My attitude on humor has to be attributed to my family, especially my father. Dad was diagnosed with multiple myeloma my freshman year of high school, and throughout the next four years, my family had to cope with the numerous affairs and happenings associated with his terminal illness. He spent a summer recovering from a bone marrow transplant, had seemingly endless chemotherapy treatments, went through surgeries to repair his shattered bones, put on weight, lost weight–all the while keeping a positive attitude. Had his good spirits not continuously reassured me, my sisters, and my wonderful mother of our situation, I do not think we could have continued on with our everyday lives. Example: One summer when Dad’s health was relatively stable, the family was enjoying a day at the pool. When Mom reminded Dad to put on sunscreen, he replied “Yeah, I wouldn’t want to get cancer.” Some might find the joke morbid, but it kept my family in check. The joke on the surface is funny, so we shared a laugh, but on a deeper level, it reminded us that Dad was not going to be around forever, or even much longer at all. Instead of putting us in somber moods, it was uplifting and reminded us to enjoy every second we had left with Dad.
Every day I wish I could have one more minute with my father; every day I think of something I would like to say to him. However, if I spent his last years clinging to every word and quasi-lesson, trying my hardest to impress him with my opinions, my memories of him would be much different. He knew that any attempt to cram a lifetime of lessons, memories, and conversations into four years would be in vain. Instead, he simply vowed to smile and laugh as much with me and my family as possible. At that time in my life, I never fretted about all of the decades I would have to live without my father’s advice and presence. Alternatively, I lived day to day with him, taking in his humor and happiness. Because of Dad’s good-nature and accepting attitude in the face of death, I will always remember him as one of the happiest and loving people I have ever known.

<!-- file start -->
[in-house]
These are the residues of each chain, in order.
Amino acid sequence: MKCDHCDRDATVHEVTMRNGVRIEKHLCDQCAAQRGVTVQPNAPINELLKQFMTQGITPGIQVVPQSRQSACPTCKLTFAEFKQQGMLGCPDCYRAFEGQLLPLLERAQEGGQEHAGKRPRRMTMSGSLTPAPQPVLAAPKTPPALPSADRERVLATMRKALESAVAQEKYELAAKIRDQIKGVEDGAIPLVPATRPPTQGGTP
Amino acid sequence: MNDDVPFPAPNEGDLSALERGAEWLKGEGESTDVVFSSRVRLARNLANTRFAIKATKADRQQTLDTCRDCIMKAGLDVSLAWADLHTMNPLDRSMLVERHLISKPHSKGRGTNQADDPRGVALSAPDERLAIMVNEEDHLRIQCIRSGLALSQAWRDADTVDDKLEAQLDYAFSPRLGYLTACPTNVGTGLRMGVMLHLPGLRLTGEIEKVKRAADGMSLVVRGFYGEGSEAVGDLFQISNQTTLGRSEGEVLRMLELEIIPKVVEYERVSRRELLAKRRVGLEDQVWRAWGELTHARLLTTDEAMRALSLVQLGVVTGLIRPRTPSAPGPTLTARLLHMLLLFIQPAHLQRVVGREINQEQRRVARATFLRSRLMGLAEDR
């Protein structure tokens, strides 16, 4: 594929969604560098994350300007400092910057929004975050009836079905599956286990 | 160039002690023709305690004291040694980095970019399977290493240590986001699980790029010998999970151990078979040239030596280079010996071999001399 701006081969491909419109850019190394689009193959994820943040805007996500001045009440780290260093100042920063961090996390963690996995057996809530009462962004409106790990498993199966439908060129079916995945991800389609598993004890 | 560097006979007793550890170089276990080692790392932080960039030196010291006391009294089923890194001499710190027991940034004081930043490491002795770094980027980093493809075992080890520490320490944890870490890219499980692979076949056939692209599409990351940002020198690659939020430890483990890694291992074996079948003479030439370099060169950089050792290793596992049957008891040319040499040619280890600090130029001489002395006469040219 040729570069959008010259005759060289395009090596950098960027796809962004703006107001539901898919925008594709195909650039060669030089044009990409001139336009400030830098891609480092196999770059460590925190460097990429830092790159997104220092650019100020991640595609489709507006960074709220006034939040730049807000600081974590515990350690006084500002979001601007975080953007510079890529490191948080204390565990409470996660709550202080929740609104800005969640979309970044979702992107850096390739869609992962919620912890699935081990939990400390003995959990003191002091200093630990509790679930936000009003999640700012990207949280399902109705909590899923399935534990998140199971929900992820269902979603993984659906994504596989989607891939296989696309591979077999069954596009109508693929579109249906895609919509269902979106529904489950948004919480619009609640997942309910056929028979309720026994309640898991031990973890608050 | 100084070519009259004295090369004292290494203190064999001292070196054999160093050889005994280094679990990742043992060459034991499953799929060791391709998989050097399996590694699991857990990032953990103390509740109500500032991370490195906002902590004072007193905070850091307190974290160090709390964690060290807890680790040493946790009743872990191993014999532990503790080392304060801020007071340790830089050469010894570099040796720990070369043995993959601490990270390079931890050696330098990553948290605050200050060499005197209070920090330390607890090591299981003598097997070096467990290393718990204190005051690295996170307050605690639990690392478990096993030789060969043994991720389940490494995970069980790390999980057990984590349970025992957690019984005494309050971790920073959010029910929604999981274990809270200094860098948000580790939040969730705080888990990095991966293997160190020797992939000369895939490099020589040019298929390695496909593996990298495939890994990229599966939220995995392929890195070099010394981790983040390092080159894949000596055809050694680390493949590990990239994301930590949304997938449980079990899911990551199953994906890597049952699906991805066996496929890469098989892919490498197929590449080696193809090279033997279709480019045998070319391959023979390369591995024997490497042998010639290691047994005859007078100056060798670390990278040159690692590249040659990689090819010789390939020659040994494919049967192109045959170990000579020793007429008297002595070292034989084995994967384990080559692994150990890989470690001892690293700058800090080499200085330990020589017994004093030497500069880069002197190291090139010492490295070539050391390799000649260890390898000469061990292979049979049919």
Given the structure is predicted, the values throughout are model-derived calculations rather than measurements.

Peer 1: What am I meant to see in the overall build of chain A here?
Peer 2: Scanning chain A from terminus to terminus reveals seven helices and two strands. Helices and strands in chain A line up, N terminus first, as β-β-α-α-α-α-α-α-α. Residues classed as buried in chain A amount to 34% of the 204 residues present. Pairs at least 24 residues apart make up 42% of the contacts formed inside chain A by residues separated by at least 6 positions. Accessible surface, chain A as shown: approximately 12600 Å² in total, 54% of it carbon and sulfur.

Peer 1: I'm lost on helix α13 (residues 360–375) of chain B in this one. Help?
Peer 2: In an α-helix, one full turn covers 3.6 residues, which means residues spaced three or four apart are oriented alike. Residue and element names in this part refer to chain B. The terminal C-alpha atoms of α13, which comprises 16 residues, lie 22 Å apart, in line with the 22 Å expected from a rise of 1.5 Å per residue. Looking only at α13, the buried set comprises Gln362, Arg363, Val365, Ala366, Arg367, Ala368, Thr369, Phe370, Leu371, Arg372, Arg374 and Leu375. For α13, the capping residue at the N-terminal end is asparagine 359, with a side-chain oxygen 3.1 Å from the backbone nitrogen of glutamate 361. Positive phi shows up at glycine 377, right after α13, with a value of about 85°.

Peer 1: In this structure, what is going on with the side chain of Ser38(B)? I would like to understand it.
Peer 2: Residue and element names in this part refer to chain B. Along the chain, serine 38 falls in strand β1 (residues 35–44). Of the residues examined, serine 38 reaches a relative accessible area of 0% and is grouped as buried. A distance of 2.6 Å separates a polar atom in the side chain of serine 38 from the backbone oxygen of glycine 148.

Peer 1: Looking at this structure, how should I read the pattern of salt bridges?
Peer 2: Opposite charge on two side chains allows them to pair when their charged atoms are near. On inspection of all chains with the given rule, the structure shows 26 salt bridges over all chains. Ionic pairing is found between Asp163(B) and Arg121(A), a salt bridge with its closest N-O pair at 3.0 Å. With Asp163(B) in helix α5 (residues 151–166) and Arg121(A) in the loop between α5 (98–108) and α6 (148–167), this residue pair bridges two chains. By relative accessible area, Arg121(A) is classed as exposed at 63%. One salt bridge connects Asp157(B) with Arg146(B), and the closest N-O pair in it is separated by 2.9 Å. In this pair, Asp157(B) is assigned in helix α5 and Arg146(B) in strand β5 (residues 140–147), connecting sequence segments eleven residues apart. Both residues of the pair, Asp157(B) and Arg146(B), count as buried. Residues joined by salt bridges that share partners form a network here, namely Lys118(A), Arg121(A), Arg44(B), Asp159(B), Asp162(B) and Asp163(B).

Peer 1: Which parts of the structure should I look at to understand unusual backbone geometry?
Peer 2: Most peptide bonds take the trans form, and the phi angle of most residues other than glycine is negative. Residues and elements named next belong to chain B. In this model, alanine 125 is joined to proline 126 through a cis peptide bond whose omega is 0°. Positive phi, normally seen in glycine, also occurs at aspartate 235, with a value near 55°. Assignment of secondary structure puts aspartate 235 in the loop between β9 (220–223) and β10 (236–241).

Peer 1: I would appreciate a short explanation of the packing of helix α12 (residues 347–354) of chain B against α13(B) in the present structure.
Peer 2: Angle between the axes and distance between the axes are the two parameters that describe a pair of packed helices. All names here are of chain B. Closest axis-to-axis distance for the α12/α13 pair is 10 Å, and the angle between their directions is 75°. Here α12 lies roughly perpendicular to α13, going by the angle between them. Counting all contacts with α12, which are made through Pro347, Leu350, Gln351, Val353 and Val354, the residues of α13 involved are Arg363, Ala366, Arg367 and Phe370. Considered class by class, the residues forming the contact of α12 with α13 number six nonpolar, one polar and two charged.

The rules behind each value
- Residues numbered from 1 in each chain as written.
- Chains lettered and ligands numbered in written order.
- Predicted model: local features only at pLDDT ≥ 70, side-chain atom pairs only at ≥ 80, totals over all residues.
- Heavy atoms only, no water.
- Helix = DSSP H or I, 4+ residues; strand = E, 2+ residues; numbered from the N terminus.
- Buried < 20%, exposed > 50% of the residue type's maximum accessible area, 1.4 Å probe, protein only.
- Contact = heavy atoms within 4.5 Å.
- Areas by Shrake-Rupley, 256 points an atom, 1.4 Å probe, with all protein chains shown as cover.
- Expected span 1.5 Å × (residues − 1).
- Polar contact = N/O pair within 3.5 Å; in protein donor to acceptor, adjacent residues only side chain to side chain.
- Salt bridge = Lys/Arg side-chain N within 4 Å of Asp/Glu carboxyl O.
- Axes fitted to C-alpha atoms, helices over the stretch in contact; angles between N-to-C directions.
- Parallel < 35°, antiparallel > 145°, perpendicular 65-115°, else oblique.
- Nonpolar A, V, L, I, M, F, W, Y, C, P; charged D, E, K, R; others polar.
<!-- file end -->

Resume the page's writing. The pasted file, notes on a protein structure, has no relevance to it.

One of my most beloved mentors once wrote me a note reminding me not to hide behind my jokes. I have made a point to never do that, something that is very easy to do out of fear or sadness. To reiterate: the jokes aren’t intended to mask the truth, they are a reminder that worrying about the truth is a futile endeavor.
As I slide off this soapy box, I want to once again stress the importance of simply enjoying life. My lengthy anecdote hopefully served its purpose of expressing the benefits that a gracious, humor-filled philosophy can provide. We are all part of an uncertain, ever-changing world. Why would we spend our lives angry and pessimistic when we can enjoy it together? A statement I’ve made before is all too relevant to not acknowledge: Happiness is built internally. Do not go looking for it; build it yourself.
P.S.: If you care for a good laugh, ask about the centipede joke the next time you see me.